Lead is a heavy, soft, gray-blue metallic element found in the earth’s crust. Most occupational exposure to lead comes from activities like mining, smelting, manufacturing, and through the use and work with manufactured products containing lead. But lead is perhaps most commonly associated with paint and painting as a historically important ingredient until the negative effects of lead paint became known, resulting in the banning of its use in the industry, and the rise of safer alternatives like latex. In use up until about the late 1970’s, lead paint remains a common hazard for those working in the demolition, renovation, and general construction industries, though exposure to lead paint is a diminishing risk.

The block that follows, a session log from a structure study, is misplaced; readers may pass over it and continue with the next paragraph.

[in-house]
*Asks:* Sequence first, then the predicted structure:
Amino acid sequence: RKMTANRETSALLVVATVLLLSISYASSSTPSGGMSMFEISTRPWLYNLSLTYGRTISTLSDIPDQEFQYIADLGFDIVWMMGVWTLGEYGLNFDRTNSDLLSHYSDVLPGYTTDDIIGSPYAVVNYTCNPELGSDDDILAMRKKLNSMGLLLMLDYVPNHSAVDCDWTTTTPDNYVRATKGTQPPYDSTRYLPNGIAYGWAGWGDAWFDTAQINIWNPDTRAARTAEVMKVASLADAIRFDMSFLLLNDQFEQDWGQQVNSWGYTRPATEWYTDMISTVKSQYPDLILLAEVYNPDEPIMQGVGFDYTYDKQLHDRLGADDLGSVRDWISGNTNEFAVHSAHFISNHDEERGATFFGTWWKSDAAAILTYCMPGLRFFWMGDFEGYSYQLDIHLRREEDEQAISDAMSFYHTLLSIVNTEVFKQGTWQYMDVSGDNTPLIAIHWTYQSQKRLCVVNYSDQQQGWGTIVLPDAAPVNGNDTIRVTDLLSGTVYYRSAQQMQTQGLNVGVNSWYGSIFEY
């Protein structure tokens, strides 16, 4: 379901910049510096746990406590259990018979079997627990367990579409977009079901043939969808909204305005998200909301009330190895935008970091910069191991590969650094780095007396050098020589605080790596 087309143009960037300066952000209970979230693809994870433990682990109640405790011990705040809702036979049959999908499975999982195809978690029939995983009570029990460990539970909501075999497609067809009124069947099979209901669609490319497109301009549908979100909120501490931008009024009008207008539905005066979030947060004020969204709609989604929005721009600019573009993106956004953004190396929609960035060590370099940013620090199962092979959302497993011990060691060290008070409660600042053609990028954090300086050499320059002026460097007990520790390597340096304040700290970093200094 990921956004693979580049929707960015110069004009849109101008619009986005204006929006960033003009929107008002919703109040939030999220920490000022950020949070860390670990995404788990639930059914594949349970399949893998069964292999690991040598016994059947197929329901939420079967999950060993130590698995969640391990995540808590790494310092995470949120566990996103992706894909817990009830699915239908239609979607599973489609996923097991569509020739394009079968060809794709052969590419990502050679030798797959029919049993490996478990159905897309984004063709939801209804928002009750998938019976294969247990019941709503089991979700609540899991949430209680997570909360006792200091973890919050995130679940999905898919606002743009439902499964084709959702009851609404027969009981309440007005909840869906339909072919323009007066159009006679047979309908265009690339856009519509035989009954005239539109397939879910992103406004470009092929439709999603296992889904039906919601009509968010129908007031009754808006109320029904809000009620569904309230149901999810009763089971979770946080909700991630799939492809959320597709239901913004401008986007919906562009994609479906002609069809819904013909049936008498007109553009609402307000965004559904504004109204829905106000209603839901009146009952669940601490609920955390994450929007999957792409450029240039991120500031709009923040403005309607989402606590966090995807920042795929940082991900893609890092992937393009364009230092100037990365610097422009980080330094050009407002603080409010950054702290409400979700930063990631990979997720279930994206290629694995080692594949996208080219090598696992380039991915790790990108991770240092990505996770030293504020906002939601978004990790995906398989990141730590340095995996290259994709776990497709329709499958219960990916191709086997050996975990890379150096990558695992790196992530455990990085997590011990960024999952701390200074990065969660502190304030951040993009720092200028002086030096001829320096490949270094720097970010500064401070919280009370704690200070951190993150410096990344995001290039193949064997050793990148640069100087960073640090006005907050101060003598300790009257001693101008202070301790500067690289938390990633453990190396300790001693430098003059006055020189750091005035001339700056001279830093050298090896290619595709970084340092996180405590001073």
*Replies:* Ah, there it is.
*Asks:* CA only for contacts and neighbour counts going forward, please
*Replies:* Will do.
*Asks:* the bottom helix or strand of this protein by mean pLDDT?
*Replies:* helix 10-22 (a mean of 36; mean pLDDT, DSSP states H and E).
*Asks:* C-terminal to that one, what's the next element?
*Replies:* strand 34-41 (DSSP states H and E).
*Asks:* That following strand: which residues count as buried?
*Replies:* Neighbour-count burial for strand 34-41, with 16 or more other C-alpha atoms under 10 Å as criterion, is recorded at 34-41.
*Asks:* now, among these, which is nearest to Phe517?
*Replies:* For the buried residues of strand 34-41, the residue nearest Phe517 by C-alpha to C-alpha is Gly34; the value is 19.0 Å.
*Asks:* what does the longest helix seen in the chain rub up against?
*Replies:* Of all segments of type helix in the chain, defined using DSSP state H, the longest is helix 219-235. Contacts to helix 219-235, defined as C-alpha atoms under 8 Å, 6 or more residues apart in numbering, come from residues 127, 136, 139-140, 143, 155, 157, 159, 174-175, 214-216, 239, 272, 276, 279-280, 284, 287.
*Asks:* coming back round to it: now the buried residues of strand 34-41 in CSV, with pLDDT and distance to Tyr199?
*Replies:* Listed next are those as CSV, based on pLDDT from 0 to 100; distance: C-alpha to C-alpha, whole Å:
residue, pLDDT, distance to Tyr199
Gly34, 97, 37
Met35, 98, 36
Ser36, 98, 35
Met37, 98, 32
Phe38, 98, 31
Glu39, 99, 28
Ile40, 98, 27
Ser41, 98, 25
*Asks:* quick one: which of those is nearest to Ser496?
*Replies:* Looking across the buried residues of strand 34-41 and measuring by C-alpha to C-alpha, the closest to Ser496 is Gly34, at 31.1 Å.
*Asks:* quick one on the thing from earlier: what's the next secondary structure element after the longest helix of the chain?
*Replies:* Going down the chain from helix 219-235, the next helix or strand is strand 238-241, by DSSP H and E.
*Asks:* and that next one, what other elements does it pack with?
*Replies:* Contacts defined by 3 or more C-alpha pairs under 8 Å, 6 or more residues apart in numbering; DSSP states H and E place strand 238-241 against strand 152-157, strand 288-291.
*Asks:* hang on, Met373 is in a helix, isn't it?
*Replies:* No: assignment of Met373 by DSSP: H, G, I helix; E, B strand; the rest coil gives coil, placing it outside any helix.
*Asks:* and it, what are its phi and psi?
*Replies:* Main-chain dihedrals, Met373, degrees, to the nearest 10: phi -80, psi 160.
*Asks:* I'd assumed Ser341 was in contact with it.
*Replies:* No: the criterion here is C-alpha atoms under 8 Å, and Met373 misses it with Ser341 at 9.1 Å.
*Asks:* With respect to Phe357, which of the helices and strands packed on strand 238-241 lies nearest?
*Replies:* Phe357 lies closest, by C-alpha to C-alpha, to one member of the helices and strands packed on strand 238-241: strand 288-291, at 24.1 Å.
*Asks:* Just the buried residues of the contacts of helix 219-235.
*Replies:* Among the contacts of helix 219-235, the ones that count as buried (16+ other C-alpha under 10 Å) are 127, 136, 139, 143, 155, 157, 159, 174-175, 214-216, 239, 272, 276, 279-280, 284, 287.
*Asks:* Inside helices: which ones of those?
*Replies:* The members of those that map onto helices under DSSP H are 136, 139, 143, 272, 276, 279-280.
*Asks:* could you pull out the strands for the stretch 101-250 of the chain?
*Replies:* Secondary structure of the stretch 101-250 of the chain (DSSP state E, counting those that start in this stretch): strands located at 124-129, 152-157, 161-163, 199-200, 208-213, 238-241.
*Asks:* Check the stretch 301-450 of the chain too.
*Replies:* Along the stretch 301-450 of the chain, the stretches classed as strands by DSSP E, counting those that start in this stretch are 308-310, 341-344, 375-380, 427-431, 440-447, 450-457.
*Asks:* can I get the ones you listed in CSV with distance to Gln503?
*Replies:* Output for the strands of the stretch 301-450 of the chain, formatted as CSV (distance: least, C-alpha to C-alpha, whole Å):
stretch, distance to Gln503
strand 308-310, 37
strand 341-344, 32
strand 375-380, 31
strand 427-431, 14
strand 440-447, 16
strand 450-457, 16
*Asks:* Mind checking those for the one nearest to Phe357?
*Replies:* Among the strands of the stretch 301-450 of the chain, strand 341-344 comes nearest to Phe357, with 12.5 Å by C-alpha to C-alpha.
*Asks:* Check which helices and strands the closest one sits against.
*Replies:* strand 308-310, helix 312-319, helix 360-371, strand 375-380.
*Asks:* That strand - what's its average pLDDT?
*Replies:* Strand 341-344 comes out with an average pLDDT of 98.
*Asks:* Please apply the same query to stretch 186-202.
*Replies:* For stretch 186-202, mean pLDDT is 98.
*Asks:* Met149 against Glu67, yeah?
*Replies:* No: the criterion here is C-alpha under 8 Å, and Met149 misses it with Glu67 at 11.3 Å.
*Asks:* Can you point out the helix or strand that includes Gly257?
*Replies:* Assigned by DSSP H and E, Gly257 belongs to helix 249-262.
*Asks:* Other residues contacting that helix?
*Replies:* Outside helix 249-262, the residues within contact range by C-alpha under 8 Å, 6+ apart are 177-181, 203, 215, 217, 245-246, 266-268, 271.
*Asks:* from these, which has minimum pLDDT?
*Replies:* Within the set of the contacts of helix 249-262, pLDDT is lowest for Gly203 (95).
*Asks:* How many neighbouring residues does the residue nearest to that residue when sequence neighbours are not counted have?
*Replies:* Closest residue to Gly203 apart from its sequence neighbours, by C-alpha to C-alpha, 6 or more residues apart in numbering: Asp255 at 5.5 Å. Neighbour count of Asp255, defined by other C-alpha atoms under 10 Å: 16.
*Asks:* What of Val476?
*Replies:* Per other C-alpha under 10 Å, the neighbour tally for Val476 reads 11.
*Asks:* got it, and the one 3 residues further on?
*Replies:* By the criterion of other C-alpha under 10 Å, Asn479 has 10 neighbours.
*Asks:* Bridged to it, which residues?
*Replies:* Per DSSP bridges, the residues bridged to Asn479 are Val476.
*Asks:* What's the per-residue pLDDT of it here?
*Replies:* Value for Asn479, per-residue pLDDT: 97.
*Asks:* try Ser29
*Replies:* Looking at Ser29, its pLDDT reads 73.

Lead poisoning can damage the brain, liver, kidneys, and red blood cells. It can also damage bones and cartilage, and harm the reproductive system. When skin and eyes come in contact with lead dust, irritation can occur. Lead can enter the body by ingestion or inhalation. It can be ingested by eating lead contaminated foods and drinking water that has passed through older lead pipes. It can also be inhaled by breathing air containing lead dust or particles of lead such as fumes from heated lead.
The objective of this course is to provide awareness training to help workers recognize the occupational hazards and health effects of lead exposure, where lead is found, its exposure controls, and the elements of the medical surveillance program and medical removal program.